Macalester has grown in innumerable ways over the past 149 years. Religious life in the earliest years was built around Christian community worship in the Presbyterian tradition, which was mandatory until 1967. Today, we have roots and relationships in the Presbyterian church but gone are the days of assumed Presbyterianism, which was once – many years ago – the backdrop for a Macalester experience. Today, just 25 of our 2,100 students hold a Presbyterian identity. And approximately one-quarter of our students disclose that they hold a Christian identity (this includes Catholic, Orthodox, non-denominational and mainline Protestant).

Like many small liberal arts colleges, Macalester carries the inheritance of past generations with respect to religious and spiritual life. Memories are layered thick in our chapel of intimate worship gatherings, large-scale college protests, and quiet moments where one steals away from campus to pause and contemplate in silence. And over the years the memories of the physical space have made way for a multiplicity of identities. The chapel is the site for Jummah prayers, our mindfulness community gathers on meditation cushions throughout the week, Jewish high holiday services gather in the round and Christians gather in a circle to light candles, talk and pray. Here, pagan students find a home and community to mark cycles of the moon, and so too our Unitarian Universalists find a place to light a chalice, sing and be grounded in wisdom and community.

A spotlight was shone on Macalester in 2002 when we ranked #1 on the Princeton Review list of campuses where students ignore God on a regular basis. The metrics that landed Macalester in that spot are unclear. The sample size of our student body, unknown. More importantly, the tools for measuring how one “ignores God” are somewhat problematic, not to mention illusive and ambiguous, from my perspective. With other flagship Christian colleges winning the top spot for the “most prayerful” and “stone-cold-sober” it seems this ranking was measuring a particular flavor of Christian piety most Macalester alumni – especially Presbyterian – would reject.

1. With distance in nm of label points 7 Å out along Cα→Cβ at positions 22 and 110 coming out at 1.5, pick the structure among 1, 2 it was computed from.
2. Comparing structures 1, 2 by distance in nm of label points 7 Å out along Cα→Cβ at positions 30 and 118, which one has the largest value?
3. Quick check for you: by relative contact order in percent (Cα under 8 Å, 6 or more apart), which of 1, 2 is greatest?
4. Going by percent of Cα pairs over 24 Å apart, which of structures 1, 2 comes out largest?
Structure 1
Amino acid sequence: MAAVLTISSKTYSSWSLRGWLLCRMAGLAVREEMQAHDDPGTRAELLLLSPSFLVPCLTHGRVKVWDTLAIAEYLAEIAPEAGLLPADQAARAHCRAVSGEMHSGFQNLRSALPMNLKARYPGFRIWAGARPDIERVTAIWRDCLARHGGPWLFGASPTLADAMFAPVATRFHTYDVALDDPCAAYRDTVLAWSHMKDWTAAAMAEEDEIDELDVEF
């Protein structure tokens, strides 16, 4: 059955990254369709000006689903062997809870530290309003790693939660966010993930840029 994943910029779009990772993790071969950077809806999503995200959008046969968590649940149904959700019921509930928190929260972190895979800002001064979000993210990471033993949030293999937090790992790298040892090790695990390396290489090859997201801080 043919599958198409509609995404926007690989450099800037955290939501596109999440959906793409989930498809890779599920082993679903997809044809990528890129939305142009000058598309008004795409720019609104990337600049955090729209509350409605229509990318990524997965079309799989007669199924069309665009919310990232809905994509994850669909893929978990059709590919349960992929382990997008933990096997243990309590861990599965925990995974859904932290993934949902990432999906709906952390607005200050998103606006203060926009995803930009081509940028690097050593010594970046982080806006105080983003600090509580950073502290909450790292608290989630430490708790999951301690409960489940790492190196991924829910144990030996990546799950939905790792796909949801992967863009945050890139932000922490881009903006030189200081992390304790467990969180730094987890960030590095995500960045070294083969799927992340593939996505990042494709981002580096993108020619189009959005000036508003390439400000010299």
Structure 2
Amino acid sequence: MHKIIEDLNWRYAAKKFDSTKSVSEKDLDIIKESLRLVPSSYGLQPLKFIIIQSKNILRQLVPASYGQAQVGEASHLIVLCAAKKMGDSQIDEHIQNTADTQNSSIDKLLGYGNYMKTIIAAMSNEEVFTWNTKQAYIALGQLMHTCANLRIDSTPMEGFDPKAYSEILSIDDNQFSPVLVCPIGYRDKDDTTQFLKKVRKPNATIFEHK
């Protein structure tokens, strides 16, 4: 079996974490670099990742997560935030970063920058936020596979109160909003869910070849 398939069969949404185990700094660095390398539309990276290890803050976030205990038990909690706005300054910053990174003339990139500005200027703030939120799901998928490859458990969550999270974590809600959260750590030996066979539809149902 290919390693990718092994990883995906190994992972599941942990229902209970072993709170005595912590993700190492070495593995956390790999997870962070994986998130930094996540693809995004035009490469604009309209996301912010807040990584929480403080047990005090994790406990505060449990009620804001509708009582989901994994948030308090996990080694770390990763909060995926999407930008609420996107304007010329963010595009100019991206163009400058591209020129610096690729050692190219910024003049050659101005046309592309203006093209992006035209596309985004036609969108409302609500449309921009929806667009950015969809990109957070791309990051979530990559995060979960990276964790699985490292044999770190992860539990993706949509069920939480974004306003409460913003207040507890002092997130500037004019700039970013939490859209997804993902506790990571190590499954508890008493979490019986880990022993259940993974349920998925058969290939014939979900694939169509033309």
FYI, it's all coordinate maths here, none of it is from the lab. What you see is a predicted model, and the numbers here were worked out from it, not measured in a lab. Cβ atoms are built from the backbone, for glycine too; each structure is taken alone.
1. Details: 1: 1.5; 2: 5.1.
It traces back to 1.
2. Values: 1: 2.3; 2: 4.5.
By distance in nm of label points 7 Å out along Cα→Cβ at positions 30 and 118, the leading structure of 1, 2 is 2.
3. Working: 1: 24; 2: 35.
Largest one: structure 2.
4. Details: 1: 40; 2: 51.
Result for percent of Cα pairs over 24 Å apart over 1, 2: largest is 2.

Had that survey been designed to uncover meaningful spiritual and religious engagement for the 21st century on college campuses, there would have been some very different categories and likely some different top placeholders. When we ask questions designed for Christians – and a particular flavor of Christian, at that – we get a one-dimensional glimpse of engagement. We attempt to quantify the number of people who pray, what campuses are dry, and how many show up to worship — but do we learn anything meaningful about what’s vital and relevant for the multifaith world in which we live? Survey results don’t tell the story of a thriving community that is diverse in practice and dynamic in its interactions. This is, in part, because we don’t have much imagination for this possibility in our world.